The three-polarizer paradox
I remember to have studied the three-polarizer paradox which has been described in the web atmany locations. I borrowed the figure from a fine tutorial with the following short description
:“If two polarizing films are aligned in the same direction light, from the first polarizer passes through the second. If the polarizers are opposed at a 90
angle, the polarized lighttransmitted from the first polarizer is absorbed by the second. If a third polarizer issandwiched between the two opposed polarizers at a 45
angle, some light gets through thelast polarizer. This is illustrated below using Dirac notation for both the photons and the polarizers.”The quantum physical model starts with light waves from unpolarized sources. This of course isvery unusual for microwave antennas. The polarization state of the photons in light waves fromunpolarized sources is unknown as it is explained in various web-papers
, which also explain whathappens according to the standard quantum theory:The model first suggests to remove
the h′ character of the photon by absorption
, but that is notimportant. In fact we will start by eliminating the first polarizer.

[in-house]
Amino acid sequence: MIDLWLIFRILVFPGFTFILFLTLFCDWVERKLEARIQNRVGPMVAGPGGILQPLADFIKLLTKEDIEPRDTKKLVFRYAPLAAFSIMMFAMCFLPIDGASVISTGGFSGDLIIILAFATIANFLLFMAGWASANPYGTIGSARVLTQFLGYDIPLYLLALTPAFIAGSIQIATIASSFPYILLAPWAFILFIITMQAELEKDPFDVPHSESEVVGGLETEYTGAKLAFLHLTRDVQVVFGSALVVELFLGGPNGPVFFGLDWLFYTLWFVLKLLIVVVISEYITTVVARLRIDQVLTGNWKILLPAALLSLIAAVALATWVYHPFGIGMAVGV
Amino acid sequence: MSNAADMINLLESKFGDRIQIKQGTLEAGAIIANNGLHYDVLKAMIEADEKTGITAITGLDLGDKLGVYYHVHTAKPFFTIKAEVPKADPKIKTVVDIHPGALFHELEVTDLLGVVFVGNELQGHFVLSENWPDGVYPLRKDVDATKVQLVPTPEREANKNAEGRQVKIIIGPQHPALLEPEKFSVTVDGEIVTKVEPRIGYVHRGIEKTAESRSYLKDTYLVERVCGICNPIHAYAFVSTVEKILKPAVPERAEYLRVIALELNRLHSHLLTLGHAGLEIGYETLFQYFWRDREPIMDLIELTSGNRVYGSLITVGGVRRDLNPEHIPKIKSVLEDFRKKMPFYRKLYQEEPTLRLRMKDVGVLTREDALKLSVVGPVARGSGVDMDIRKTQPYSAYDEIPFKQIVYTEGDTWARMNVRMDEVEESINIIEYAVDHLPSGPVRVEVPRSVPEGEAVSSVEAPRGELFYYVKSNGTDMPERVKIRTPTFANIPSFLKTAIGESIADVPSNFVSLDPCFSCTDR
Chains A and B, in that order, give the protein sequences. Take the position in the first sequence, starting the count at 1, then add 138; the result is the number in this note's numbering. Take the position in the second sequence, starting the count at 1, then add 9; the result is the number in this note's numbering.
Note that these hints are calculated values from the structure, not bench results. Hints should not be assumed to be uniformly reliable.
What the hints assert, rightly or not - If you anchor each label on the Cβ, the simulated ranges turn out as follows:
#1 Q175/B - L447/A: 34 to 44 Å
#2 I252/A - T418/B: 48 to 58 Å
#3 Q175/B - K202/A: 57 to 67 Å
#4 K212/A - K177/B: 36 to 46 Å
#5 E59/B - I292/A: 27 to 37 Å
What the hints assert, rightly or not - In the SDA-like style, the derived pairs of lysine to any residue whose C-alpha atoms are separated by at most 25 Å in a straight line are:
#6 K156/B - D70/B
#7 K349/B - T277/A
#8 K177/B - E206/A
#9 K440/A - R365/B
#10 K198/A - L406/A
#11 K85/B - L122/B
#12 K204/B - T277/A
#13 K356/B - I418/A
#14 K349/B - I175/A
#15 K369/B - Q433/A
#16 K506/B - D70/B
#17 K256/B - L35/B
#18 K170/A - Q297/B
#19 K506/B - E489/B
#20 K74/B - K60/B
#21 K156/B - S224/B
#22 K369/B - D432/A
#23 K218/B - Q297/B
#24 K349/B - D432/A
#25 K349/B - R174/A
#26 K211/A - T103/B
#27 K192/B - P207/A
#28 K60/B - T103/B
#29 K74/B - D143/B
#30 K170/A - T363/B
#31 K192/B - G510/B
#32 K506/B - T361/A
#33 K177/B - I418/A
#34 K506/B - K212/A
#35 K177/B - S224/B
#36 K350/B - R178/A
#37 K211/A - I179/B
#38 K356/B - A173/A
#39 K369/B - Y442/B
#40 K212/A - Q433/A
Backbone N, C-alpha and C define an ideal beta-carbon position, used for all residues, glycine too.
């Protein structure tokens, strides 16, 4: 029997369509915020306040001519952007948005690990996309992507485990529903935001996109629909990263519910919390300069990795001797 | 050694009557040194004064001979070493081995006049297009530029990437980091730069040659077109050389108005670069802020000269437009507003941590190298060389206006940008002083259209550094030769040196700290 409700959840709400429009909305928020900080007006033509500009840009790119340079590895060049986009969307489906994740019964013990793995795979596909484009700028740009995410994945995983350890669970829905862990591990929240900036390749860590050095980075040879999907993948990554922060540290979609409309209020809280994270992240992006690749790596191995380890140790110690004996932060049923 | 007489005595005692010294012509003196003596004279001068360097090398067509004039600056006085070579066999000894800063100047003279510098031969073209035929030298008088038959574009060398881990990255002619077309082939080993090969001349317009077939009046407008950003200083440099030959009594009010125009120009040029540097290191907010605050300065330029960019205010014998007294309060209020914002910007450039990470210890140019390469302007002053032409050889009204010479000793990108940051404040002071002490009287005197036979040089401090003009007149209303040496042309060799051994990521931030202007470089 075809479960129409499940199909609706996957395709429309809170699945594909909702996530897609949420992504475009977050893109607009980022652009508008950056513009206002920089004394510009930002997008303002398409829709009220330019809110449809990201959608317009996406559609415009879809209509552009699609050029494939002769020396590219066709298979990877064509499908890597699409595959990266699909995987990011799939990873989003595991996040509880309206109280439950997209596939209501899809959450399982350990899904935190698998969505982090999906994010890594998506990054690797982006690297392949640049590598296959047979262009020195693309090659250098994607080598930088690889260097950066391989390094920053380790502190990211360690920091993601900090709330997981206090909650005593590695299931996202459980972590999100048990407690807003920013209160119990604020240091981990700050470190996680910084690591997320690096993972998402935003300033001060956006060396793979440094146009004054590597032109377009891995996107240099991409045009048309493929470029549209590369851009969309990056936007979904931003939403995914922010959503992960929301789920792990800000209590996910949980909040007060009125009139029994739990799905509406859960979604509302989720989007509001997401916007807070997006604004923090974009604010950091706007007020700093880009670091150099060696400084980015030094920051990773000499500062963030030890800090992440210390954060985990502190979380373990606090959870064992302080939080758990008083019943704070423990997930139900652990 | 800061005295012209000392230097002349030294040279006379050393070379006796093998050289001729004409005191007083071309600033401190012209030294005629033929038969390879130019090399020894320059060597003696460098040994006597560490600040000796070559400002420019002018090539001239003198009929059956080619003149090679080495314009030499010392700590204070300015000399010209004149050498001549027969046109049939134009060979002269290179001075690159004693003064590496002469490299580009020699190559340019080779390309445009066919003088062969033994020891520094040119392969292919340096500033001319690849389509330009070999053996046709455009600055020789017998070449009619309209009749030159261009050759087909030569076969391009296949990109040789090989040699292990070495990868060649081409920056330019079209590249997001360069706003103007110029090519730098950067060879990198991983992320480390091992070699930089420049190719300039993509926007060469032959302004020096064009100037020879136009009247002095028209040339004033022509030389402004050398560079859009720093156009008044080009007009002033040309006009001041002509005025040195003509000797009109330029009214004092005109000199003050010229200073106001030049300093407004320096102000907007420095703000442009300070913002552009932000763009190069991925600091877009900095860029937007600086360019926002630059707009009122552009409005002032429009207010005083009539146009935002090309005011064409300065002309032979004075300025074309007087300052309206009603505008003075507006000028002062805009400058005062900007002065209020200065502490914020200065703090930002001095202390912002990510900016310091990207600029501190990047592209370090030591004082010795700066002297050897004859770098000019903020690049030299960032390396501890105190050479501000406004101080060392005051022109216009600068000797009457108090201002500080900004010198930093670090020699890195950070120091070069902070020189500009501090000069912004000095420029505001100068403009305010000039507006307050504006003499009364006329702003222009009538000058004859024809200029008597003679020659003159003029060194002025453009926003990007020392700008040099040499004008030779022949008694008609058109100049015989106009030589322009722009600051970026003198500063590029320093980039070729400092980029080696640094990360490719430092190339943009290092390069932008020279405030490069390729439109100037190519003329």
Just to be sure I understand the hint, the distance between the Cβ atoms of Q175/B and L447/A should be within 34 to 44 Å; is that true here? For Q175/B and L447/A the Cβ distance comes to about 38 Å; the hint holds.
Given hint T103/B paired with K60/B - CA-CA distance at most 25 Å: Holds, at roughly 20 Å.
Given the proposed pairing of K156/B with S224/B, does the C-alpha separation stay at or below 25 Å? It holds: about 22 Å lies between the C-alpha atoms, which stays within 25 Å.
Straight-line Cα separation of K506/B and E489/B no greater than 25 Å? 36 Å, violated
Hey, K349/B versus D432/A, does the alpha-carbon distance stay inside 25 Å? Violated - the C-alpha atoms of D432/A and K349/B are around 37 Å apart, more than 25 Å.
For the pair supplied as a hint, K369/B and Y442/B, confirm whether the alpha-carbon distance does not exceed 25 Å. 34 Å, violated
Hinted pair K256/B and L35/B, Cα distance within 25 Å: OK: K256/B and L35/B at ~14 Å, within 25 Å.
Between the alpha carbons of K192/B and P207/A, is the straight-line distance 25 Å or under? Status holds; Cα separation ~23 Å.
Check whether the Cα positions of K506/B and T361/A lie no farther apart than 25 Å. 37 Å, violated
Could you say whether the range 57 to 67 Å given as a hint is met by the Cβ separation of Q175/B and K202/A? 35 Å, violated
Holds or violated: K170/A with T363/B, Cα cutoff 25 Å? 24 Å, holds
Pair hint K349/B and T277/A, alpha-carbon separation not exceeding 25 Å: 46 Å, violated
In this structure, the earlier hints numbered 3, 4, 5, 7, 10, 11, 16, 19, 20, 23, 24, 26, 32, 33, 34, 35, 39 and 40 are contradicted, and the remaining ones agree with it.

“When the v photon from the first vertical polarizer interacts with the middle polarizer oriented in the skewed-vertical direction the h′ character of the photon is removed byabsorption and only the v′ character passes the middle polarizer.
All three absorbers absorb photons. This idea should be replaced by another model in which energyis reflected to some other direction.
“As mentioned, each of the three polarizers absorbs photons. Half of the photons from thelight bulb are absorbed by the first vertical polarizer because we can consider theunpolarized light consisting of 50% photons in the v state, see eq 3.
“...“Half of the v photons are absorbed by the second diagonal polarizer.
3Matrix Mechanics Approach to Polarized Light – by Frank Rioux, St. John's University/College of St. Benedict4